Skoda-Paul Costa in 2001 (then the current judge of the European Court of Human Rights, elected by France), analyzing the case law, noted that this freedom applies not only to information and ideas that are perceived favorably or assessed as harmless and safe, but also on those that affect, disturb the state or part of the population. And restrictions are allowed subject to 3 conditions:
- the law must provide for the possibility of such a restriction;
- such restrictions must meet one of the legitimate aims enshrined in the final part of Art. 10 of the European Convention for the «Protection of Human Rights and Fundamental Freedoms»;
- such restrictions must be deemed necessary in a democratic society.
Sometimes these restrictions turn into a rather strange form. For example, in 2005, a law in Virginia banned the wearing of low-waisted jeans, from which underwear can be seen. A similar act applies in Louisiana. According to him, violators face a fine of $ 500 or imprisonment for up to 6 months.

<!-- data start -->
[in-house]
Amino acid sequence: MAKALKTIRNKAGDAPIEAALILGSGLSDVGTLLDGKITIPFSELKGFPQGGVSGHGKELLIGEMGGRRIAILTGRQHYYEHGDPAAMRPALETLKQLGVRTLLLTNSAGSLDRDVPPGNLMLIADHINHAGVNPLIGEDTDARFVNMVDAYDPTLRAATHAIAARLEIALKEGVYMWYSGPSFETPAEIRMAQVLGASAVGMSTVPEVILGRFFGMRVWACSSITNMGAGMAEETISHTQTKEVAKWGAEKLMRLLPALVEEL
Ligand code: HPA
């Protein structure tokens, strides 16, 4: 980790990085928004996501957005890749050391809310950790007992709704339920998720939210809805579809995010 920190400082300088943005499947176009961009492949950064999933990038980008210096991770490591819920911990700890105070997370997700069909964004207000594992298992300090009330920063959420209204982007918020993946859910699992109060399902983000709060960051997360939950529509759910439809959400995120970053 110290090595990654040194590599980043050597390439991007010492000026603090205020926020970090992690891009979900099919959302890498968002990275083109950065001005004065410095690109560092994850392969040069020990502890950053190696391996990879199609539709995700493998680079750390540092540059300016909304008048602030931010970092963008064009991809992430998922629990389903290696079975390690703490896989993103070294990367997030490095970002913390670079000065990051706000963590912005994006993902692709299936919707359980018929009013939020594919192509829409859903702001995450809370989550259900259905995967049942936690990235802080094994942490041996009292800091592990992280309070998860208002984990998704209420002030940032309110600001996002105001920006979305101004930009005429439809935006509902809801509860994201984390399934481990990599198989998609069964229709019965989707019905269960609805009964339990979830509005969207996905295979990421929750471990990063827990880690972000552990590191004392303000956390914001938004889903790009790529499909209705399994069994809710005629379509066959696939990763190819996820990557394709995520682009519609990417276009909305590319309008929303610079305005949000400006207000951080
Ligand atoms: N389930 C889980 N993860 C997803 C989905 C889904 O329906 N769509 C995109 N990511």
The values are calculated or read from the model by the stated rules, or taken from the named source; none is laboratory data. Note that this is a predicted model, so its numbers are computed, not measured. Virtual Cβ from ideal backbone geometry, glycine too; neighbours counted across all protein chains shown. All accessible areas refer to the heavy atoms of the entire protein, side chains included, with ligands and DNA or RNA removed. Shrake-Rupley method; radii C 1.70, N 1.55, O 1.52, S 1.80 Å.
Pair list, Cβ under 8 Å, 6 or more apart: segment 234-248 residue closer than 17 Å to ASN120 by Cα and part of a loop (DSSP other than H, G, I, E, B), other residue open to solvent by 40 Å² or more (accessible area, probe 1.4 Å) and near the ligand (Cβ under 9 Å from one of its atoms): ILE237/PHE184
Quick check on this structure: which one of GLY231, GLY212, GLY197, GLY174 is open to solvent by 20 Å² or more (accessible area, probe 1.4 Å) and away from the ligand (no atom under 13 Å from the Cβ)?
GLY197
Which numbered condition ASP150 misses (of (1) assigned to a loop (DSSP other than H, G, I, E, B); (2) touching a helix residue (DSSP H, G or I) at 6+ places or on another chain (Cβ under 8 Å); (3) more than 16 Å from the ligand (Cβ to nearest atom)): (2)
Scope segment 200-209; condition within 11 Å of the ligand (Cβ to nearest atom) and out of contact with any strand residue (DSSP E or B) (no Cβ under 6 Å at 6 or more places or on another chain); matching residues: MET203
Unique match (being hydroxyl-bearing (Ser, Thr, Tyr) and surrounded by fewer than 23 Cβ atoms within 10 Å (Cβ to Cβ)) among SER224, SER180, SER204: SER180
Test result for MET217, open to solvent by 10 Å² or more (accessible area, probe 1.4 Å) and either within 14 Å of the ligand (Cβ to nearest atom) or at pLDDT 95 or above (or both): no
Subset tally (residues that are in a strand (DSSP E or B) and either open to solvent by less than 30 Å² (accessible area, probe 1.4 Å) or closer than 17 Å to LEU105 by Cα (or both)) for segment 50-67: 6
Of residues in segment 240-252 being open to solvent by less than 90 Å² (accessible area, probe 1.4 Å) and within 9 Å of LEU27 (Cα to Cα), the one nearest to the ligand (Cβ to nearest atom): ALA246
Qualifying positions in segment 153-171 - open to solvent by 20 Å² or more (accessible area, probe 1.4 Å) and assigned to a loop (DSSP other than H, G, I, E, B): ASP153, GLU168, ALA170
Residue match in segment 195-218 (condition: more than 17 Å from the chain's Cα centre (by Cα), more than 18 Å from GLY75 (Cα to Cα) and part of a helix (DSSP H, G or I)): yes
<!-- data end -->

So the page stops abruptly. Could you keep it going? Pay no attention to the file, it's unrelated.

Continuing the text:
Also in the early 2000s, there was a case: the young man was arrested by the police, the detention order stated the following grounds: «because of wearing a baseball cap with a visor back». The boy was arrested because, according to police, wearing a baseball cap is associated with gangster activity. Therefore, law enforcement officers consider it necessary to consolidate the way of wearing a hat, because it will contribute to a sense of security of others. But the court took the side of the injured party in this situation, arguing that the introduction of a dress code for wearing a baseball cap is not in the public interest.
Thus, freedom of expression is quite specific, and its implementation in the modern world encounters a number of certain conventions. Permission of such in different countries is different, but the validity of such permission is based on the three most important principles of restriction of this freedom.
Author: Dmitry Chernikov
«Prikhodko & Partners» Law Firm